'Marines United 2.0' Facebook Naked Photos Scandal: Less Than 10 Women Go Public

The "Marines United 2.0" naked photos Facebook scandal, as reported by the Inquisitr, has seen defiant naked photo sharers still using sites like Facebook, DropBox, and PornHub to spread the nude photos of female Marines. While the original "Marines United" Facebook group was closed, another one popped up. Yet and still victims of the naked photo Marines scandal are still being urged to come forward.

As seen in the above photo, Marisa Woytek is one of those active-duty Marines who came forward after it was revealed that her nude photos were shared online via the "Marines United" Facebook account. Marisa joined Gloria Allred at a recent press conference in Los Angeles on Wednesday, March 8, in order to go public with the news that her and a former female Marine's naked photos were posted online.

General Robert Neller, the Marine Corps commandant, has encouraged other women who are victims of the naked photo scandal uncovered from the "Marines United" Facebook group scandal to come forward. General Neller had strong words for those who shared the nude photos via social media and other means.

The women in the naked photos, according to the New York Times, should not fear coming forward and should trust the Marine Corps' top officer, claims Neller. By cooperating with top Marine officials, female Marines who have found themselves the subjects of photos shared via the "Marines United" Facebook page can help the Marines investigate the matter at hand.

The women who have had their naked photos circulated via the "Marines United" Facebook pages are being called victims of cyber abuse, according to Newsweek. General Neller made a vow to hold the people responsible for the naked photo sharing accountable as he pleaded with victims to continue to come forward in public to tell their stories.

In fact, Neller told the naked photo sharing victims to "Trust us," as reported by the Telegraph. Perhaps the plea from General Neller was so urgent due to the fact that less than 10 women have gone public thus far to confirm that they are in some of the naked photos being shared online.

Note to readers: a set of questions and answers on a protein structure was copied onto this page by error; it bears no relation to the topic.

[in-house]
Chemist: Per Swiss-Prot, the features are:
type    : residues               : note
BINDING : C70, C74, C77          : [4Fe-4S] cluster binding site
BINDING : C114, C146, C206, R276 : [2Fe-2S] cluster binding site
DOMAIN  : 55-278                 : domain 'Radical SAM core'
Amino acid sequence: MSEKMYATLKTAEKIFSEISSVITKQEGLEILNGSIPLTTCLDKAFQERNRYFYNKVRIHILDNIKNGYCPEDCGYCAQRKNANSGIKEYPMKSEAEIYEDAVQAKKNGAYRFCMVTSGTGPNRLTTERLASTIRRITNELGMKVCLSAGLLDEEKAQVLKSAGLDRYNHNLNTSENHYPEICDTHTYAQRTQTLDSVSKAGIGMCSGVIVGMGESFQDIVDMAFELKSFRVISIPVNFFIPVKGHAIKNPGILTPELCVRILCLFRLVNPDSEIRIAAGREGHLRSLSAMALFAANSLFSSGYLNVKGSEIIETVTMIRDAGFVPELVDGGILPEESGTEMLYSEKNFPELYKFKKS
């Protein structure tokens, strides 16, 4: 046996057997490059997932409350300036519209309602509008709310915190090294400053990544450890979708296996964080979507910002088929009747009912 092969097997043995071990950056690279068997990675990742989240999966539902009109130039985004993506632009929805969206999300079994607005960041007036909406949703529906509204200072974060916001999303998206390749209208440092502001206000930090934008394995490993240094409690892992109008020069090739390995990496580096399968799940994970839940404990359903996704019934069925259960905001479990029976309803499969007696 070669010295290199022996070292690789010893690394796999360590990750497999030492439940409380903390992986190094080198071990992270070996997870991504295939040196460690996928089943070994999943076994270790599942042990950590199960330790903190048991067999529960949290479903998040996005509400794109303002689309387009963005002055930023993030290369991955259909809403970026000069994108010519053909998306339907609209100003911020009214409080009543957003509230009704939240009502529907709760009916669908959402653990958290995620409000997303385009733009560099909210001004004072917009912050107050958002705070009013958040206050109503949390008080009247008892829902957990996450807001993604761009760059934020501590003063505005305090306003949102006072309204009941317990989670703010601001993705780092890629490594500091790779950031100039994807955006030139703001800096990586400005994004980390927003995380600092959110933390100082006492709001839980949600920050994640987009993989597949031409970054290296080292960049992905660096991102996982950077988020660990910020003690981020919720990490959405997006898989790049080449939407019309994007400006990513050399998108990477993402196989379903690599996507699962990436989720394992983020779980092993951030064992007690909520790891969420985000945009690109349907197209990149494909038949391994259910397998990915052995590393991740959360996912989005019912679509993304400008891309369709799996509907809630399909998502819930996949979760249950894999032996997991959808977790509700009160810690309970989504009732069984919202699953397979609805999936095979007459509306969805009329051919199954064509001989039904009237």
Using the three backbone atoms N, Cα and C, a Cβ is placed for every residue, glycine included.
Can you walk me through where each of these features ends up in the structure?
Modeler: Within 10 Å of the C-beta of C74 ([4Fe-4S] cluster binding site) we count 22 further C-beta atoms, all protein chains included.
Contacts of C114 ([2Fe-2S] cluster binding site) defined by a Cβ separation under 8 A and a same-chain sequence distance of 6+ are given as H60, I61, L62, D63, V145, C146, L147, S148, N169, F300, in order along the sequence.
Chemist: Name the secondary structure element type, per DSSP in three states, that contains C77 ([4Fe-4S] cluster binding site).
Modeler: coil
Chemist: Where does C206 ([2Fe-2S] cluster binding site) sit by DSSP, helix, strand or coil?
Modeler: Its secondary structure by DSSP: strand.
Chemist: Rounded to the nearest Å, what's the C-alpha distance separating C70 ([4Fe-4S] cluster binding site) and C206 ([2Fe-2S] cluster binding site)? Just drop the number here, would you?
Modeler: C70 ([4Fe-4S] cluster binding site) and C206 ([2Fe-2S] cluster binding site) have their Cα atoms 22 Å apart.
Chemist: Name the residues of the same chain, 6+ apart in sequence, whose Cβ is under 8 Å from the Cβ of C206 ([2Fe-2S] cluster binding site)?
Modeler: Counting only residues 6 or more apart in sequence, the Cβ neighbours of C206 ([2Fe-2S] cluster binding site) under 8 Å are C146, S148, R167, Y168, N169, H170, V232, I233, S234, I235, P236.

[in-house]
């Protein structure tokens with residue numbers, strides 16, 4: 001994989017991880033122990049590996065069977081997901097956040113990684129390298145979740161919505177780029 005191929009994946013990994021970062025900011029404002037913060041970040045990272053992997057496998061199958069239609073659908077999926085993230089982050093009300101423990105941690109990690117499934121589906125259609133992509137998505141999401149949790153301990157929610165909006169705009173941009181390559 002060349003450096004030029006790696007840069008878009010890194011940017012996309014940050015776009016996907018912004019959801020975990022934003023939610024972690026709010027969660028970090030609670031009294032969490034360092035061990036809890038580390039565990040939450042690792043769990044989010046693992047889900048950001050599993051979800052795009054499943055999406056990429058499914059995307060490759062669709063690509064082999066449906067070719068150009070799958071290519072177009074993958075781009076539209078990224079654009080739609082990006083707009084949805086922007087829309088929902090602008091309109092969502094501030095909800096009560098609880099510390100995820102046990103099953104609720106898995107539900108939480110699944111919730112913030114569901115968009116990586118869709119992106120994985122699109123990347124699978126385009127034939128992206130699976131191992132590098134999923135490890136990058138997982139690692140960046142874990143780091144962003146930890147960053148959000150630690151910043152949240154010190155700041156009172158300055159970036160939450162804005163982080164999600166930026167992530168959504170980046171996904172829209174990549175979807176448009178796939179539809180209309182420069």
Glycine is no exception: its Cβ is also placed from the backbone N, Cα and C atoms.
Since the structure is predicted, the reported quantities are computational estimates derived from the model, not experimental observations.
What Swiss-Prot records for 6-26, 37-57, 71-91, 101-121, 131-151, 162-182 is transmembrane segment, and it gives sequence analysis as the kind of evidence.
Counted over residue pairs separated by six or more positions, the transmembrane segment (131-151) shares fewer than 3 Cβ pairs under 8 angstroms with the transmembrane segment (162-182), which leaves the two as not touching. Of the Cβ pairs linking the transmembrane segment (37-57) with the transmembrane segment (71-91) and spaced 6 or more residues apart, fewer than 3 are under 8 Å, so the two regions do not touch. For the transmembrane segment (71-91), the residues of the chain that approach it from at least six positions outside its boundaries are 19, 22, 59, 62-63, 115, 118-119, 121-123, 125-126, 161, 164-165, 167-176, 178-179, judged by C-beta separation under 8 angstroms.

"I mean, the only — the way that there's going to be accountability in this, is if somebody comes forward and tells us what happened to them. But we would encourage anybody else who believes they've been involved in this to come forward… I'm going to ask them [victims] to trust us. There is no honor in denigrating a fellow Marine in any way, shape or form."
Those women in the nude photo scandal, according to the BBC News, have made formal complaints about their naked photos appearing on websites without their permission.
The Marine Corps is creating a task force to specifically address the nude photo scandal, reports the Washington Post.

The hope and aim is that the Marines task force, according to Fox 5 San Diego, will provide enough education to Marines to stop the flow of naked photo sharing online.

The fallout has one mother of a Marine Corps member coming forward to claim that her daughter is being harassed, according to AOL, as a result of the naked photo scandal. According to that publication, more than two dozen women have come forward in the public to say that their naked photos were shared, but those women are comprised of both military and non-military personnel.

Although Neller reported that less than 10 women had come forward in the nude photo scandal, as reported by The Hill, Neller claimed that he knew about claims from The War Horse that reported approximately 30 victims.

[Featured Image by Nick Ut/AP Images]